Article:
Pollmann insists those sows will be market hogs, although the industry usually uses such farrowing facilities for breeding and ex-pan-sion.
"The owners will evaluate the market" before deciding to build further, he said. "It's premature."
There is little question among state regulators that Circle Four intends to expand. The regulators are being inundated by applications for groundwater discharge per-mits.
"They're coming fast and furious," said Mark Novak, an environmental scientist for the Utah Division of Water Quality. "It's hard to keep track of all of the lagoons sometimes."
Indeed, Circle Four now operates 82 sewage lagoons, ranging in size from about 6 million gallons to 27 million gallons. That's more than all of the other regulated industries the division oversees combined. If the farms expand as planned, the number could quad-ru-ple.
Moreover, at the behest of Ott and his group, the state is now requiring permits for small lagoons it formerly didn't regulate, and is also requiring the division to approve construction of the concrete pits that catch the waste beneath the confinement barns.
But it is the reeking, open-air sewage lagoons that are the focus of concern for Ott and his small group of protesters. Ott says they are a witch's brew of microbes and tox-ins.
His group has challenged the Iron County permits, and a hearing before the state Water Quality Board is set for June. Rob Adams, a former Circle Four manager, sits on the board.
Even some of the regulators aren't entirely confident the lagoons - referred to by the industry as the "best available technology" - will remain safe for the 30 years the company says they will.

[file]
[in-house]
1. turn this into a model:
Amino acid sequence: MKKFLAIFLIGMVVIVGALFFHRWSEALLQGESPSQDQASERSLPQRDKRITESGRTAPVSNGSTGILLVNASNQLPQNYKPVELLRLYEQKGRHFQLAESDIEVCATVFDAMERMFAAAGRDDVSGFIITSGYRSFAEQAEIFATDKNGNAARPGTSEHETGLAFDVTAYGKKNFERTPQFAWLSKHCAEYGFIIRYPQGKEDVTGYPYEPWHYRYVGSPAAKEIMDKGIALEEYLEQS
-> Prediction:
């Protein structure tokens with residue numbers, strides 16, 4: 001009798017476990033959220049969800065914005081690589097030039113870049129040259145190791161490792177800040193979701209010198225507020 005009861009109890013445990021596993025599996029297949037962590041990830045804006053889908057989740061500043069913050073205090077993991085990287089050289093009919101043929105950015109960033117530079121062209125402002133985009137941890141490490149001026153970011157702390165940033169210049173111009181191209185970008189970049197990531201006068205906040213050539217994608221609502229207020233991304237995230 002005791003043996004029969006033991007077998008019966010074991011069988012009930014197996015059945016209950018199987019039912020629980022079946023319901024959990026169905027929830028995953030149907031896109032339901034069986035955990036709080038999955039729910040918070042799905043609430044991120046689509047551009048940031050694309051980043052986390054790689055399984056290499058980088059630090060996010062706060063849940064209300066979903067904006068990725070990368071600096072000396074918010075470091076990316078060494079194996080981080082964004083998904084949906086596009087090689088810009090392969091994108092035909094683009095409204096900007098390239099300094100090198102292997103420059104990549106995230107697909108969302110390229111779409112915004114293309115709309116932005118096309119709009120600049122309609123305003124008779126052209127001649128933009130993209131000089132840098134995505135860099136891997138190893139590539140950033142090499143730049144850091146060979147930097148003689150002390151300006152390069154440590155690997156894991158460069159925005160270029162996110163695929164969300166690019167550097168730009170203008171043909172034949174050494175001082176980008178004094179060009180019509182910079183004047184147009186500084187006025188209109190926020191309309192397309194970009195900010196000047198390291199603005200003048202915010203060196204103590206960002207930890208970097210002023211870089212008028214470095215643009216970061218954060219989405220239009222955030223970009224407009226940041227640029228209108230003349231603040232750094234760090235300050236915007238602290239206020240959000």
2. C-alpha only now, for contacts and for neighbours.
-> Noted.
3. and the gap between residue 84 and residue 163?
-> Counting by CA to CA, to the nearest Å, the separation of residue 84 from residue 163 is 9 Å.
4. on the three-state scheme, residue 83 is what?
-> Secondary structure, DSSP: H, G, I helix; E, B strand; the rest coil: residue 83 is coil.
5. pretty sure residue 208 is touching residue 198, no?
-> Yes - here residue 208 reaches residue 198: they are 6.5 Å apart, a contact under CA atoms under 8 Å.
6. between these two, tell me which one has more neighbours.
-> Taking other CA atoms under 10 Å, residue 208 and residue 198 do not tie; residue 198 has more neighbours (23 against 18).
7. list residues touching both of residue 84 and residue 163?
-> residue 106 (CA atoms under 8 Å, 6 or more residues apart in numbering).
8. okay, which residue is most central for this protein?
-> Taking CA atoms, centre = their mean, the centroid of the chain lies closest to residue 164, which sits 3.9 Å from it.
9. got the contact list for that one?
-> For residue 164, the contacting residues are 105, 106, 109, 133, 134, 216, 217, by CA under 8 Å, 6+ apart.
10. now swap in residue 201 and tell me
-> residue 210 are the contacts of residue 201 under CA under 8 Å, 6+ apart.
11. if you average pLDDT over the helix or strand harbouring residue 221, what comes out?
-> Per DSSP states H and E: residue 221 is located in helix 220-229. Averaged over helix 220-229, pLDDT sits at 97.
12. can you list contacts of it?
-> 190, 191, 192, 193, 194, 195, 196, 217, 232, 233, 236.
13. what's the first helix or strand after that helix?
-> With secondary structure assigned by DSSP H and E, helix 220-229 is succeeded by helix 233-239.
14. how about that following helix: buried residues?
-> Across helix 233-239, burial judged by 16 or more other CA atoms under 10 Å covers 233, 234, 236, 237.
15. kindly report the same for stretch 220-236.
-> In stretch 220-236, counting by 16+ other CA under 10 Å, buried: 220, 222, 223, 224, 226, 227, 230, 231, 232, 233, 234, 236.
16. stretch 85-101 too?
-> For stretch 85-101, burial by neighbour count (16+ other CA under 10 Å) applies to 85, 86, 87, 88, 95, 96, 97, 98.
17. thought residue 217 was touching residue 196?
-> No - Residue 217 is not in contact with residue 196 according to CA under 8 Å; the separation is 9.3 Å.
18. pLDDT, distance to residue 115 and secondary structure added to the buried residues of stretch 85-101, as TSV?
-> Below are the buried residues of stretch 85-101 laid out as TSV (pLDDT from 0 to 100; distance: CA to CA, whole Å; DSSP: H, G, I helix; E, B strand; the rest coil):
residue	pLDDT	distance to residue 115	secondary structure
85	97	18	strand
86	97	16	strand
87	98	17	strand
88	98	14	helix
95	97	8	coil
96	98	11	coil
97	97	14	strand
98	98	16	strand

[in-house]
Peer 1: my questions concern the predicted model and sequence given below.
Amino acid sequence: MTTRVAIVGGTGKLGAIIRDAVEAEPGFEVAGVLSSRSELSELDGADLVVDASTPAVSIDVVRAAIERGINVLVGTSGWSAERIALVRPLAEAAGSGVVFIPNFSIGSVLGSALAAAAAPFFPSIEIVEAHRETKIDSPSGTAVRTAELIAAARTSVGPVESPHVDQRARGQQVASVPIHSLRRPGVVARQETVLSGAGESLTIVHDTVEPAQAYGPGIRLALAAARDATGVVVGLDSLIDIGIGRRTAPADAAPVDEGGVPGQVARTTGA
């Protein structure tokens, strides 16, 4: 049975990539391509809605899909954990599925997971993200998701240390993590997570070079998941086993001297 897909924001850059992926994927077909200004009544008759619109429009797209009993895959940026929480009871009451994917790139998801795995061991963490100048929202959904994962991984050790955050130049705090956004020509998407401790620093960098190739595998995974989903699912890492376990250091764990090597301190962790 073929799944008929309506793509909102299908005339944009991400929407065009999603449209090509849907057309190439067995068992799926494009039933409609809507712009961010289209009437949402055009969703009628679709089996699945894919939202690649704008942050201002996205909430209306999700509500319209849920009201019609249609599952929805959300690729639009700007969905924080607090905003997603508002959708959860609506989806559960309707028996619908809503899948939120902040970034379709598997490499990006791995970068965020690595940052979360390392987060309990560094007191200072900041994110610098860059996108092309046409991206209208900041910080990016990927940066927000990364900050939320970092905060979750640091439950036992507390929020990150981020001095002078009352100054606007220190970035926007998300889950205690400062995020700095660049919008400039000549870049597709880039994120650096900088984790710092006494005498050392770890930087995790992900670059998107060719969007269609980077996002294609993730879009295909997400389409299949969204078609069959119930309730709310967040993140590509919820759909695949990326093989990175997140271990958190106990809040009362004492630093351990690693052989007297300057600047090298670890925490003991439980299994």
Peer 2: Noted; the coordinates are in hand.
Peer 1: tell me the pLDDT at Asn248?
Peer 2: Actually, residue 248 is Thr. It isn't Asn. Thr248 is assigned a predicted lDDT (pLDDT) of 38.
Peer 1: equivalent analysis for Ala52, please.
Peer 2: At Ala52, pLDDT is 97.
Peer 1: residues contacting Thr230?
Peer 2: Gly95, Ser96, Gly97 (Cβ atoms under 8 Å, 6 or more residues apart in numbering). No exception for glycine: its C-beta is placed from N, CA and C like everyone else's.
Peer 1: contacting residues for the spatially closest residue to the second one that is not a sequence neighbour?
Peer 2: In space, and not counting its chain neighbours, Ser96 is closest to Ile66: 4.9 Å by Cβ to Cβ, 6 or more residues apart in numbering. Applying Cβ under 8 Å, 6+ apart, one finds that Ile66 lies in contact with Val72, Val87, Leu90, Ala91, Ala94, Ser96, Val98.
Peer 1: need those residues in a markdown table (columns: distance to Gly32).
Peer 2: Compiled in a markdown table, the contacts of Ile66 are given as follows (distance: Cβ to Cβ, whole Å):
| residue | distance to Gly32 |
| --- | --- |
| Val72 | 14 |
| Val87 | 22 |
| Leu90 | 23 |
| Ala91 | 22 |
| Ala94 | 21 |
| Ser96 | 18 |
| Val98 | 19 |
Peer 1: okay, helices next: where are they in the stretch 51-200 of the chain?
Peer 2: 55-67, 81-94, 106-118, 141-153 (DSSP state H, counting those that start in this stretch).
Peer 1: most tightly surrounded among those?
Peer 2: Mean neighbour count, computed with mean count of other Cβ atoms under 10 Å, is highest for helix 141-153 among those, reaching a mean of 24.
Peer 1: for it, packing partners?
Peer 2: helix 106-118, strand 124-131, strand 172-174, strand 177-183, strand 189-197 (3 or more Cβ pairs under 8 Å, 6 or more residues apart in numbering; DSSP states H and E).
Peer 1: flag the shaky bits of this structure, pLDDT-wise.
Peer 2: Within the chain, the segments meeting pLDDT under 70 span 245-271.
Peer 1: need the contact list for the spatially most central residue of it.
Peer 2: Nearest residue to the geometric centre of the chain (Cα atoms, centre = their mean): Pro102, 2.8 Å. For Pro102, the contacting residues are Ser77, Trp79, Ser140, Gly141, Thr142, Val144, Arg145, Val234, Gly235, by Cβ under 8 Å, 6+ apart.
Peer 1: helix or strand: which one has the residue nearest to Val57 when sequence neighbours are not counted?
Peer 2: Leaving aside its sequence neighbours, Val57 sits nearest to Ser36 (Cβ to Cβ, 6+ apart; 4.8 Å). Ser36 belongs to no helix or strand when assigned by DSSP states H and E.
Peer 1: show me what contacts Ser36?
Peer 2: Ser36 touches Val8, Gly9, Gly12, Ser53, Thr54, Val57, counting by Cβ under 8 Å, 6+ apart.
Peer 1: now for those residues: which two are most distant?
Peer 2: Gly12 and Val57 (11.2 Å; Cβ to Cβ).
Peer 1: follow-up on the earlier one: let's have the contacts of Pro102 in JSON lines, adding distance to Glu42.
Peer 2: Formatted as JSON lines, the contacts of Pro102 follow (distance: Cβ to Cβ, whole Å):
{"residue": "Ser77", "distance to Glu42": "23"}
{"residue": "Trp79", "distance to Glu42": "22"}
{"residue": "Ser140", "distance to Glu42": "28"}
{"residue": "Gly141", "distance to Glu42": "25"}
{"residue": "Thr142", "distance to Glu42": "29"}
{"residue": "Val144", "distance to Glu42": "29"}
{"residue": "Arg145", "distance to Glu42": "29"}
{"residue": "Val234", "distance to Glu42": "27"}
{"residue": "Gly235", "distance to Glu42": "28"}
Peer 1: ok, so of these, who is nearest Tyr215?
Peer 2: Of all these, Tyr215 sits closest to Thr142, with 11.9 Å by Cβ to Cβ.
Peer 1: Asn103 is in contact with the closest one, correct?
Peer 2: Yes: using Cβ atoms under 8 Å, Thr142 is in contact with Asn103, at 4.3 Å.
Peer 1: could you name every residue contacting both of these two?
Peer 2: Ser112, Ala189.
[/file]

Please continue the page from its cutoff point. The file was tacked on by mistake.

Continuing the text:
"I'm not convinced the design of the liners is something we can rely on totally," Novak said. "But the engineers seem satisfied, and we do have the monitoring wells" near the largest lagoons.
Joe Rudek, a marine biologist formerly with North Carolina's Division of Natural Resources and now with that state's Environmental Defense Fund, points out that "this so-called `best available technology' is still nothing more than a hole in the ground."
The state of Utah has required Circle Four to line each lagoon with compacted clay and, in most cases, a giant sheet of heavy plastic. The DWQ and the U.S. Geological Survey say there is little chance the waste could ever find its way into the deep underground aquifer.
But University of Northern Iowa professor Laura Jackson, who wrote the ground water report for Donham's symposium, believes Novak's concerns are justified. The report said that even the best engineered sewage lagoons can leak. Clay liners can fracture with cold or be penetrated by plant roots or even earthworms. And plastic liners can tear.
More importantly, Jackson said, all of the lagoons "leak up," evaporating vast amounts of nitrogen-laden ammonia into the atmosphere. It is perhaps the largest source of contamination from the lagoons - and the least understood, she said.
The nitrogen, a powerful fertilizer, comes down in rainfall and can wreak havoc on native plant life. It also creates acid rain - a problem so prevalent in Europe that some countries have banned its use.
Nitrogen emissions are not regulated in Utah, but state Division of Air Quality officials are working on measuring the amounts coming from Circle Four to determine if they might - when carried by rainfall - pose a threat to ground water.